Finding The Feminine Voice: On Being a Woman Composer in the Church
(this article originally written for NPM Magazine)
“We have seen Him! He is risen!”
These were the first words proclaimed by followers of Jesus after his resurrection, the words that would spark the Christian faith, echoing for the next two thousand years; the words that would compel the hearts and souls of 11 discouraged men in hiding – and, eventually, much of humankind - to belief in the risen Jesus Christ, the Messiah.
These were the first words. And they were spoken by women.
To understand the heart of a woman writer in the church, one must begin by understanding that proclamation is in the marrow of our bones. For since this singular moment in our Christian history, it has been the desire of millions of women to sing the song of Savior, God, Friend. Women have prolifically written their love for, trust in, doubt of and fear of God for centuries. Women have proclaimed the name of God in peace and in war, through plenty and through famine, in suffering and in rejoicing; by tongues of fire, or pen to paper, or hearts of service, or solitude of prayer.
Women are proclaimers.
When I was asked to write this article for NPM (by the way, I am so grateful!), the prompt I was given was this: “What I Look for in Composing Texts and Music”. What is interesting to me is the scripture that immediately popped into my head when I read that prompt: “I have found the one my soul loves”. (Song of Songs 3:4…how very stereotypical for a woman to go to the most romantic book of scripture, right?) Hear me out…I believe that the reason that particular verse popped into my head is this: God has found me; and, thankfully, I have found God as well. Therefore, I don’t imagine I am ever “looking” for anything as I write; rather, each day as a writer I’m simply living in what I know, ever listening, always open. And so I write from that space. Not from a head space, but from a heart space. I am a “heart” writer. This may be the greatest gift to the church that women writers offer. This is not to say that women only possess this gift (David the Psalmist and Leonard Cohen come to mind), but just that by virtue of who we are intrinsically, and who women were created to be (nurturers, caretakers, consolers), we write not just how we THINK about God, but what we FEEL about God. We write our hearts. And this voice is desperately needed in our worship.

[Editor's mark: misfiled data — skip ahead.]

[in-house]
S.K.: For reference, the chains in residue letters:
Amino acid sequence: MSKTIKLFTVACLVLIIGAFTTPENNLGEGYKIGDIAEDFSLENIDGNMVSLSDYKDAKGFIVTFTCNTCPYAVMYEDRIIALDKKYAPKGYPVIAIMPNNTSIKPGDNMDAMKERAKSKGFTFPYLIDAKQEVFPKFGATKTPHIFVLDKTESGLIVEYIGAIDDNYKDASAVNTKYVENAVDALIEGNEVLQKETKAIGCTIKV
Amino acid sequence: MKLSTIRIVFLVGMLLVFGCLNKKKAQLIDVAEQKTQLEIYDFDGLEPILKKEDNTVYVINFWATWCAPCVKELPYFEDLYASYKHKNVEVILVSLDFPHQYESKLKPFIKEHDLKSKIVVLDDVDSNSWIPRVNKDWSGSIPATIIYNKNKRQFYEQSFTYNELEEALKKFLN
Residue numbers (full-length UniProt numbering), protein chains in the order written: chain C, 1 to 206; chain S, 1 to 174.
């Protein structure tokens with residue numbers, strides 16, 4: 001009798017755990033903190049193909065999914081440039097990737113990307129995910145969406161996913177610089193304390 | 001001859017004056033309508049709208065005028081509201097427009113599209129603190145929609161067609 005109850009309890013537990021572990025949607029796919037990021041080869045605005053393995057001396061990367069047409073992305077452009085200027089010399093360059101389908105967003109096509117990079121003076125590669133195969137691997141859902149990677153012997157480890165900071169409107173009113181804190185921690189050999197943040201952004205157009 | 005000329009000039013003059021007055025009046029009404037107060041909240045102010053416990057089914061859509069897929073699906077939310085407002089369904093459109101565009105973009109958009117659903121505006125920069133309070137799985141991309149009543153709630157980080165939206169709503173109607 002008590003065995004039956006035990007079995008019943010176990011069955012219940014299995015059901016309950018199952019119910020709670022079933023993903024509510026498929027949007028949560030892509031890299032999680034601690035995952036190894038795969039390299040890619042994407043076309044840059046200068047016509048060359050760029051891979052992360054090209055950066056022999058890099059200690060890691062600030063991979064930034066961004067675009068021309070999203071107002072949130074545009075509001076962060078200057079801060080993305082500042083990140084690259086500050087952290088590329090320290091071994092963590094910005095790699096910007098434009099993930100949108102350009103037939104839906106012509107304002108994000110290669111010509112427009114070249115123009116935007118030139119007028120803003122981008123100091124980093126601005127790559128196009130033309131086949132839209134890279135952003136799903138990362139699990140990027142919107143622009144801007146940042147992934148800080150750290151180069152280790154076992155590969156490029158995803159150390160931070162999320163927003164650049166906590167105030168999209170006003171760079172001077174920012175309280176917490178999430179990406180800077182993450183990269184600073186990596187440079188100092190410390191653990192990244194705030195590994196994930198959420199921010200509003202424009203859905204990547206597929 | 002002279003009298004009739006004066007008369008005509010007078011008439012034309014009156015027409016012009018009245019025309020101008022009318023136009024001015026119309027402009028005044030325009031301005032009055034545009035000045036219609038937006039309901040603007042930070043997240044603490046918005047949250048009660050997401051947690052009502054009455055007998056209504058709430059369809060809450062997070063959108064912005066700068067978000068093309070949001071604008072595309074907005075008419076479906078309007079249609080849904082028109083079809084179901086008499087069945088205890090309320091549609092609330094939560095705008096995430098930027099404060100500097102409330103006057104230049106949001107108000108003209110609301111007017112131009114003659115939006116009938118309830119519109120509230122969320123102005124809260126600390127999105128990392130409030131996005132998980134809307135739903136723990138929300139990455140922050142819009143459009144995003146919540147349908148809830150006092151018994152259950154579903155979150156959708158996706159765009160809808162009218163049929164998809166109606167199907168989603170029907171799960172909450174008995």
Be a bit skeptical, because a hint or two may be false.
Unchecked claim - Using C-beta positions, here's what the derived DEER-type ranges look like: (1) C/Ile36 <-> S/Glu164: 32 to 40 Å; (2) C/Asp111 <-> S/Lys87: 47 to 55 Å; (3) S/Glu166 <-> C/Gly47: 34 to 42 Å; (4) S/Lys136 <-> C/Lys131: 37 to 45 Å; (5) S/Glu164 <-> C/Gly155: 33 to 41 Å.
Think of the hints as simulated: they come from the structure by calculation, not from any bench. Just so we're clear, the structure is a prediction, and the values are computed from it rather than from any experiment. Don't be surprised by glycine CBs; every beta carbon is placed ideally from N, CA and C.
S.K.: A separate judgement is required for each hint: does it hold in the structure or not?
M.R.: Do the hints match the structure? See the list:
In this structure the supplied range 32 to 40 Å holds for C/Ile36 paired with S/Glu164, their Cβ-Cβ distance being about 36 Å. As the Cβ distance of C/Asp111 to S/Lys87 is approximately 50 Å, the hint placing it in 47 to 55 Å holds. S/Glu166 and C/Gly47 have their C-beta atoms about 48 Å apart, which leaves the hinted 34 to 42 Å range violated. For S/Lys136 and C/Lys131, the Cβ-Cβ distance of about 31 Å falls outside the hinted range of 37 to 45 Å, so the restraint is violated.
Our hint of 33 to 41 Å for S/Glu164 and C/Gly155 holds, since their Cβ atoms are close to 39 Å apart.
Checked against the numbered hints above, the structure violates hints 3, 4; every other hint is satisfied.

I would have to, in all honesty, say that in the body of songs I personally have written, there are no earth-shattering pieces of theology. But then, they are not meant to be. Writing songs, for me, has always been simply a reflection of my personal journey. So my songs are, for lack of better terminology, love letters to God. All of them, in some fashion or another, even those that make no mention of God or of my faith. To be frank, as a composer I am keenly aware that I’m not usually saying anything terribly new. Thousands of other composers with great depth of mental acuity and talent for melody could write (and have written) circles around my lyrics and music, of that I am certain. And composers have been writing on the theme of faith for thousands of years. So then, what is the approach? What more is there to say? What can we offer? We must offer our hearts.
The “heart” writer cannot write to mimic current trends, or to try to be like a certain other writer they may admire. We, the “heart” writers, must write from our personal experiences - drawing from the beautiful wells of our own history, the melodies and poetries woven into us by our childhoods, our cultures, our relationships - because what we have to offer is exactly that: what WE have to offer, our very particular voice in a vast body of sons and daughters. That voice is important. That voice is the one that connects.
The Universal Experience